CANI’s final public event in the 2018-19 calendar was a lecture given by Lynn Gordon on Wednesday 22 May 2019. Lynn is an alumna of Methodist College Belfast, after which she studied classics at Cambridge. Following a period teaching in England, she returned to Belfast to become head of classics at the Royal Belfast Academical Institution.
Lynn’s paper was entitled “Reception of Classics in Irish Literature” and she chose to focus on a poem from Seamus Heaney’s final collection of poetry published in 2010, entitled Human Chain. Heaney’s stand-alone translation of Aeneid VI was published posthumously in 2016.
Heaney was greatly influenced by Aeneid VI and the poem “Route 110” which describes the bus route which Heaney regularly used to journey from Belfast to Cookstown is compared with Aeneas’ journey to the Underworld. Heaney appears as both Virgil and Aeneas, and his girlfriend as Dido. Belfast’s Smithfield Market is set as the opening to the Underworld, while the bus is Charon’s boat across the river Styx.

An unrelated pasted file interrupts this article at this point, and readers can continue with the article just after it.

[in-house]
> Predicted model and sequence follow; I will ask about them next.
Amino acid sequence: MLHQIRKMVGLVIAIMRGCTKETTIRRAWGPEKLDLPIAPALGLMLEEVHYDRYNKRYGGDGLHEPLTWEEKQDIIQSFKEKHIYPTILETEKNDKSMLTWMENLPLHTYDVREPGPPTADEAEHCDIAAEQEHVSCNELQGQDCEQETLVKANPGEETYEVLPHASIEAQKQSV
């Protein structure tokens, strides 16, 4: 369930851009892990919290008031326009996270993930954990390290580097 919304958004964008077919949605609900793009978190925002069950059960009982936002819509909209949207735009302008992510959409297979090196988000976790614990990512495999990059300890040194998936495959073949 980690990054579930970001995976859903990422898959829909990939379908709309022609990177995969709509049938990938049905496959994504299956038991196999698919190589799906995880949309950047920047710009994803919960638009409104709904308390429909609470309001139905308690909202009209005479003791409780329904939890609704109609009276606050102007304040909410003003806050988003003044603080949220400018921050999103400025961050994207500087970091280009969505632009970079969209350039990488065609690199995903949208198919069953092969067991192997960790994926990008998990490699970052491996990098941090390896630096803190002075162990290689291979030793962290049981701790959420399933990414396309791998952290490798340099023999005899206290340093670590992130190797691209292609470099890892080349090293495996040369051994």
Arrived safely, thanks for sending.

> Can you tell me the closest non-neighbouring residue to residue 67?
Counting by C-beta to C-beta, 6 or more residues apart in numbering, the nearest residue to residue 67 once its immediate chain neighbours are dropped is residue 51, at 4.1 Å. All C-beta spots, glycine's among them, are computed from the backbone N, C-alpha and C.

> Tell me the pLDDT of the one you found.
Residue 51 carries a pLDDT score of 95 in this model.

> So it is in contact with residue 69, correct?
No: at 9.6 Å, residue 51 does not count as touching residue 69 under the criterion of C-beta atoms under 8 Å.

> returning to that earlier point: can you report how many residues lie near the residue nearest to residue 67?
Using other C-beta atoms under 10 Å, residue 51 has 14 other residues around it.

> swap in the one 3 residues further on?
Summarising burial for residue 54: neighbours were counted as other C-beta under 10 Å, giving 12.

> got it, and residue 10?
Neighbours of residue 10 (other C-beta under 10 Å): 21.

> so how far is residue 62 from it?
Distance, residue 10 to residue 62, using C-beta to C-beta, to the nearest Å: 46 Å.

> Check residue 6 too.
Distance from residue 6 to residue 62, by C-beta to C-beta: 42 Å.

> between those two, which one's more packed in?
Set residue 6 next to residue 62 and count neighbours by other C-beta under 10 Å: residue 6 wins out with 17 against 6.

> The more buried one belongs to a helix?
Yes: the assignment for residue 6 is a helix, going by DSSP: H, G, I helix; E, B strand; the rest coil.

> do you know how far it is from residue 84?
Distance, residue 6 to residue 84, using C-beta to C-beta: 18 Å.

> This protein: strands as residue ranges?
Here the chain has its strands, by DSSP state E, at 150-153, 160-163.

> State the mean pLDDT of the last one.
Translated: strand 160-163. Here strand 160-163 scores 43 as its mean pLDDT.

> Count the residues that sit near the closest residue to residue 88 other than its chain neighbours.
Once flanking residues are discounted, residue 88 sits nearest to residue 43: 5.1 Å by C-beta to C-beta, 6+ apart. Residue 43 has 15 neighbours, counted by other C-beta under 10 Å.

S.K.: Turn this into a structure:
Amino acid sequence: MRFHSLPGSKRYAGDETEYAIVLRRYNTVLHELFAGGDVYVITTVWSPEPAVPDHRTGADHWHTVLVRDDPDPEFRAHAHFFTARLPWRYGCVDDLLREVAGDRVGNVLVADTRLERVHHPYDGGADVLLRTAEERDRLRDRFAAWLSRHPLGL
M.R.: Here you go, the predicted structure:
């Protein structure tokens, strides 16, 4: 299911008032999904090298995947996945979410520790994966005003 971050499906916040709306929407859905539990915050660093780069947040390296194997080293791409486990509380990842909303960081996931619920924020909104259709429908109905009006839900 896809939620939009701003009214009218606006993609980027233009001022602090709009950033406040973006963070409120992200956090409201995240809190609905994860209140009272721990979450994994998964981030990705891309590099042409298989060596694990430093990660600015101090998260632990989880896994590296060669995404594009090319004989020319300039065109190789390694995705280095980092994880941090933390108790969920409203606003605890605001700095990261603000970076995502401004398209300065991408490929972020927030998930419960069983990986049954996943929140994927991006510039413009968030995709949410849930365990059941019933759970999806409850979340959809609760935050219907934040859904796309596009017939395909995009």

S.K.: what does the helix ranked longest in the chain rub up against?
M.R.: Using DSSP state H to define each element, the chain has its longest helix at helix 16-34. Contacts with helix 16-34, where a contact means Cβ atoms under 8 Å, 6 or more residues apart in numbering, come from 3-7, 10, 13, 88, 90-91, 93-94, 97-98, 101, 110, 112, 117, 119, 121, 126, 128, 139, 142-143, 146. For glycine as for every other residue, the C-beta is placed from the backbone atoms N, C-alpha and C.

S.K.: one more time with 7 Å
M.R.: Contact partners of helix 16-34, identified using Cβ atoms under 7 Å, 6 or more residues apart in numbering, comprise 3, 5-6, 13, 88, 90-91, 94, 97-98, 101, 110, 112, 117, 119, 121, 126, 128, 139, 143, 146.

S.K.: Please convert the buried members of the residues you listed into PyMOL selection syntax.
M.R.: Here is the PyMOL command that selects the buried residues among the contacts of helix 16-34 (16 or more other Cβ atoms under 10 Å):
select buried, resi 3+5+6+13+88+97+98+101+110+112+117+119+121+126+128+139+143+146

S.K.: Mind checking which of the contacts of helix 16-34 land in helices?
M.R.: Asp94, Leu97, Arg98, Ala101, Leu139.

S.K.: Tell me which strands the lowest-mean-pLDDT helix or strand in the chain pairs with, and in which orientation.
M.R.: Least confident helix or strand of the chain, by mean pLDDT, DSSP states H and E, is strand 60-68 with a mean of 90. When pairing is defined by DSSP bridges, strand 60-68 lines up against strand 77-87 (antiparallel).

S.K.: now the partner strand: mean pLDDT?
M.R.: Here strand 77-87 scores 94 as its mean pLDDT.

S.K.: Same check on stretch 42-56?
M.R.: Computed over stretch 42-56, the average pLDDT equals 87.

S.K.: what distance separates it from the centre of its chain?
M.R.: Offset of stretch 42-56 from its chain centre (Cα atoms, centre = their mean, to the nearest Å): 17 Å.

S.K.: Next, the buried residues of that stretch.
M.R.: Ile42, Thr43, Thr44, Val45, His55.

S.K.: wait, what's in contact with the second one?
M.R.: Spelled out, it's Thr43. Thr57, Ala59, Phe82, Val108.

Lynn noted that Northern Irish authors such as Robert McLiam Wilson, Glenn Patterson and Michael Longley showed strong classical influences in their work. James Joyce’s Ulysses is of course based on Homer’s Odyssey and there was a brief discussion about what Heaney’s reasons may have been to choose to focus on Virgil. Following questions, the audience remained to talk to our speaker over summer drinks. The Association was delighted that a number of Lynn’s students attended to offer support to their teacher.
CANI would like to thank all those who attended our events during the year. Your support is very much appreciated and we look forward to sharing our 2019/20 programme with you soon.
Continuing our partnership with the Ulster Museum, the fourth annual CANI film screening took place in the Lecture Theatre on the afternoon of Saturday 4th May.